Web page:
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China bans George Orwell's Animal Farm and letter 'N' from online posts as censors bolster Xi Jinping's plan to keep power

Experts believe increased levels of online suppression are sign Xi Jinping hopes to become dictator for life

Maya Oppenheim
Thursday 01 March 2018 17:38 GMT
The Chinese government has banned George Orwell’s Animal Farm and the letter ‘N’

The Chinese government has banned posts referring to George Orwell’s dystopian satirical novella Animal Farm and the letter ‘N’ in a wide-ranging online censorship crackdown.

Experts believe the increased levels of suppression - which come just days after the Chinese Communist Party announced presidential term limits would be abolished - are a sign Xi Jinping hopes to become a dictator for life.

The China Digital Times, a California-based site covering China, reports a list of terms blocked from being posted on Chinese website Weibo by government censors includes the letter 'N', Orwell's novels Animal Farm and 1984, and the phrase 'Xi Zedong'.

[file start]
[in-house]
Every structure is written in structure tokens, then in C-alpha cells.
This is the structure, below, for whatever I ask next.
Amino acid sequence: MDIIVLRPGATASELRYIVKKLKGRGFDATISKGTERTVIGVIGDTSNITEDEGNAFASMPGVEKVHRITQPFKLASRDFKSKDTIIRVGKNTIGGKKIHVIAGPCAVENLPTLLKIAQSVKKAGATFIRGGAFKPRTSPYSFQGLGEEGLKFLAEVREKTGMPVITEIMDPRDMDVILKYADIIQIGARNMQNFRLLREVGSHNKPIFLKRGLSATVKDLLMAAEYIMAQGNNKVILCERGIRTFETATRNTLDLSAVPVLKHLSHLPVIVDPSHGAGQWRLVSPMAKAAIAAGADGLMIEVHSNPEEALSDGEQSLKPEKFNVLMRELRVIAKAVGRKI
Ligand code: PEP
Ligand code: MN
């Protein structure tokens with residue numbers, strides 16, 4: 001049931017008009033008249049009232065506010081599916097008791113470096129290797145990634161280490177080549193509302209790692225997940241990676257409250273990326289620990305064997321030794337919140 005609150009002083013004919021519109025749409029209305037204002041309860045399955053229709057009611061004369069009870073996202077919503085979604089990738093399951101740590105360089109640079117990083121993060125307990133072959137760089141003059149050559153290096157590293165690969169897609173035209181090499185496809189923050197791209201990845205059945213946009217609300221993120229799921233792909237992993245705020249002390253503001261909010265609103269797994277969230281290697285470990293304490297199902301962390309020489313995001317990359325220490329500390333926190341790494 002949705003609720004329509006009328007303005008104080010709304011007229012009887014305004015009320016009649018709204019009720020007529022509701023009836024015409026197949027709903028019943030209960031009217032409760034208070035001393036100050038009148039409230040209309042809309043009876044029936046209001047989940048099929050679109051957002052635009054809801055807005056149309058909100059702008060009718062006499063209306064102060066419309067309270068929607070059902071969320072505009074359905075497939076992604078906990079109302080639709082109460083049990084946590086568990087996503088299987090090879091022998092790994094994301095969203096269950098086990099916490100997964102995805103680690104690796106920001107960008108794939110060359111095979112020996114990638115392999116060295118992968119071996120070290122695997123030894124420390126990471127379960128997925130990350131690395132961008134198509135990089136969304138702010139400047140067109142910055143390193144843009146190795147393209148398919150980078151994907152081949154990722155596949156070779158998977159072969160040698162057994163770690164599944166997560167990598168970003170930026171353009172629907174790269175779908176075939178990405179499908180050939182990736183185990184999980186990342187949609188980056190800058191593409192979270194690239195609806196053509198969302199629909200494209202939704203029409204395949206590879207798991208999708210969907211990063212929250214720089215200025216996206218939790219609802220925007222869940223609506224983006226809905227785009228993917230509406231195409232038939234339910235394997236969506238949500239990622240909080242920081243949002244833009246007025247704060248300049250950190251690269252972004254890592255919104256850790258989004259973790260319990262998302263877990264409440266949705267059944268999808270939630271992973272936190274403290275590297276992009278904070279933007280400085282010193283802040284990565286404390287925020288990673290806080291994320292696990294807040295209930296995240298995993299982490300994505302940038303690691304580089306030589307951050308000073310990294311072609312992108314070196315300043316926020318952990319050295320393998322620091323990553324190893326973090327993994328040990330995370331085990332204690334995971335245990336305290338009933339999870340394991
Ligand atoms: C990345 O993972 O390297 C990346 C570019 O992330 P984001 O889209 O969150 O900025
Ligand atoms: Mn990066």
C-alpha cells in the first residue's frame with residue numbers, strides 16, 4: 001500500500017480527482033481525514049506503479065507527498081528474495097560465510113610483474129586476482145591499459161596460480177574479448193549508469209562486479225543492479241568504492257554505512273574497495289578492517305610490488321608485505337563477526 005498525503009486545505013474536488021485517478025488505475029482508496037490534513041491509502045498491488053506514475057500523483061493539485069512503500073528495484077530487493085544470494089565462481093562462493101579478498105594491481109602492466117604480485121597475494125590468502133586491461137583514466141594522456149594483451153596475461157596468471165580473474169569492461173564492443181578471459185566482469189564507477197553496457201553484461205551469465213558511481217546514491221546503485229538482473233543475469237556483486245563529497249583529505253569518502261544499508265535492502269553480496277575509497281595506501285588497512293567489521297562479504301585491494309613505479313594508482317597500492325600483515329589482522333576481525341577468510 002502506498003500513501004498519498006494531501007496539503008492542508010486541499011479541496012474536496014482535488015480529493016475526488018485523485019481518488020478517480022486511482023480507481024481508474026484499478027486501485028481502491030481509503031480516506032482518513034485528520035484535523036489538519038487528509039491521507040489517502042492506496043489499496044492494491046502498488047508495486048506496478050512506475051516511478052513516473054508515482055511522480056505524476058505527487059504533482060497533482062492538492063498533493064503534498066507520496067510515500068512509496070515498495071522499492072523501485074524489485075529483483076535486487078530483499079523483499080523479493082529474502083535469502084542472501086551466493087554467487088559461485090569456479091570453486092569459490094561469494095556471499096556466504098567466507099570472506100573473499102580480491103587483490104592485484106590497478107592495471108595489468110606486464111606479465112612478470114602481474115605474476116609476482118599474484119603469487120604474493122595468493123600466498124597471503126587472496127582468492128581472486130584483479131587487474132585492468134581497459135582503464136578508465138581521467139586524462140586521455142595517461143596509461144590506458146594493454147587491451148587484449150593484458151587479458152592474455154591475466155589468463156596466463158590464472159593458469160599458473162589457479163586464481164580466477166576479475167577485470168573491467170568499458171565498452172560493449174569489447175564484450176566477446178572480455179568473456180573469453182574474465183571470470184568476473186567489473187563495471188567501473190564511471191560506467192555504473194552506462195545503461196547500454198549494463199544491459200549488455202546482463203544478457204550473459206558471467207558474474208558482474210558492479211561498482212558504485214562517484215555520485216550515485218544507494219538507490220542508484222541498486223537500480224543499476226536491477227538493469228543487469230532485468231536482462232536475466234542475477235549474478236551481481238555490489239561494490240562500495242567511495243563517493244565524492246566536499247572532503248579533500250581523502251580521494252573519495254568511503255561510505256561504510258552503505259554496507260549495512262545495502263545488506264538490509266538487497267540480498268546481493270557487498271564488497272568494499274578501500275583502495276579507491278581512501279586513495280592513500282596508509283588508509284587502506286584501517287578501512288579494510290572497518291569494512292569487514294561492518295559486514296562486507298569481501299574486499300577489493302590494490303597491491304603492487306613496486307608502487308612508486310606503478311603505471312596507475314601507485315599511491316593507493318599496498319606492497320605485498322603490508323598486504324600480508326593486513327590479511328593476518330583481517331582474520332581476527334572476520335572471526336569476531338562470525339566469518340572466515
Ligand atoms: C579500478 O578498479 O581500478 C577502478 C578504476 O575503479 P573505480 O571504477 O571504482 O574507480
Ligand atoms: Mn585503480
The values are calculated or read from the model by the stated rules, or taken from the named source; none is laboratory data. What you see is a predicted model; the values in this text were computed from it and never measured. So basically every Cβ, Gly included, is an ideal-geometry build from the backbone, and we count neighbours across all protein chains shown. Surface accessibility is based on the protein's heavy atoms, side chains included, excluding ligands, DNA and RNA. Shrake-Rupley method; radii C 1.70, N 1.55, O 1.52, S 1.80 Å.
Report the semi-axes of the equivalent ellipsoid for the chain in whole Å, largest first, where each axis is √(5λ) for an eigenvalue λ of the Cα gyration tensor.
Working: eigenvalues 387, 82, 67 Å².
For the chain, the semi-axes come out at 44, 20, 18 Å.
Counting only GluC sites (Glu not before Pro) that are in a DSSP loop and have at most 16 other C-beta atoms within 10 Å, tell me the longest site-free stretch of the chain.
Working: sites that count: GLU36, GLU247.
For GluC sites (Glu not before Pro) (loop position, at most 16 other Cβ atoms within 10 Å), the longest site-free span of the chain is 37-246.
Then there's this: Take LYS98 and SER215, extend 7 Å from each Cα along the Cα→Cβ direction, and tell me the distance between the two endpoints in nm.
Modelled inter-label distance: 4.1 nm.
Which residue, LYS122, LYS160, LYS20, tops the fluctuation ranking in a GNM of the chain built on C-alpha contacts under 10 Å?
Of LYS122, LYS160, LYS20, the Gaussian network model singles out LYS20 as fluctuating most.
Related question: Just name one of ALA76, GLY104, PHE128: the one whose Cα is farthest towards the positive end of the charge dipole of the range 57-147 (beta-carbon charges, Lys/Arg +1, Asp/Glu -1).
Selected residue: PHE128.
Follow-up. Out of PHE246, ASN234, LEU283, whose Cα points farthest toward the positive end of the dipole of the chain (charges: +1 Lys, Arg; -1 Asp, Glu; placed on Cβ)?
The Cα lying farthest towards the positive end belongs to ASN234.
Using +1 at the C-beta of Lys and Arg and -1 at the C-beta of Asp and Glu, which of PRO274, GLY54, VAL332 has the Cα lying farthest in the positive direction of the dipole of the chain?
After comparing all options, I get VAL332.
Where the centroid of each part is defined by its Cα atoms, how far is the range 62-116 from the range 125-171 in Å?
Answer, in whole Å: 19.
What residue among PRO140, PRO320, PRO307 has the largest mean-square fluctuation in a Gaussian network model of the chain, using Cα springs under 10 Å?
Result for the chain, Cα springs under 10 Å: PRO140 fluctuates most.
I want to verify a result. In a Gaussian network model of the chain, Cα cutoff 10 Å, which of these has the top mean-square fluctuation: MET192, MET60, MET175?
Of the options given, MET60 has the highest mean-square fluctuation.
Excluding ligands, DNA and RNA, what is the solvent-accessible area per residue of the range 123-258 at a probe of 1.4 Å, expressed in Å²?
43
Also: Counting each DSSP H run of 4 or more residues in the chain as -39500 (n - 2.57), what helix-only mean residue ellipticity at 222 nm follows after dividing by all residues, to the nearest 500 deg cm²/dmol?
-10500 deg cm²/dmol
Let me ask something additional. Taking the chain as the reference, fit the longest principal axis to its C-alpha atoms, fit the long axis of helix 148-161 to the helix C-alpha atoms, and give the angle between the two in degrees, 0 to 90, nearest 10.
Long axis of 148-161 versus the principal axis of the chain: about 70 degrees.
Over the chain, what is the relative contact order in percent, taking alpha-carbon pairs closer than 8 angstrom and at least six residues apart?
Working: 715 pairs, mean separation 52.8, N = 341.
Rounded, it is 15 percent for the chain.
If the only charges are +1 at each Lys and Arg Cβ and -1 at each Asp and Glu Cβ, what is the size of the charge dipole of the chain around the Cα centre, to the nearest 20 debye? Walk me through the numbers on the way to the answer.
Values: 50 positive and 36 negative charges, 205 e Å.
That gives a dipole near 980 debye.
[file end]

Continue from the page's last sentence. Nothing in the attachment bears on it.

The latter is a combination of President Xi and former chairman Mao Zedong's names.

Search terms blocked on Sina Weibo, a microblogging site which is China’s equivalent of Twitter, include “disagree”, “personality cult”, “lifelong”, “immortality”, “emigrate”, and “shameless”.

It was not immediately obvious why the ostensibly harmless letter ‘N’ had been banned, but some speculated it may either be being used or interpreted as a sign of dissent. The China Digital Times reported that the ban on the letter was only temporary, having ended on 26 February.

The move to lift limits on the length of time leaders can stay in post has been met with global condemnation and a widespread backlash in China since it was announced on Sunday on the eve of an annual political congress in Beijing.

The proposed amendments to China’s constitution are expected to be rubber-stamped by the country's parliament, the National People’s Congress, which begins its annual meeting on Sunday.

China has a stringent policy of internet censorship because authorities view foreign websites and social media as a threat to national security.

This censorship is fortified by the Great Firewall of China - a term which refers to the combined force of technological and legislative measures which tightly control the internet on the mainland.

Facebook, Twitter and YouTube have long been blocked in the country and even Winnie the Pooh recently found himself subject to China’s latest internet crackdown.

In July, references to the cartoon bear on Sina Weibo were removed after his image was compared to President Xi.

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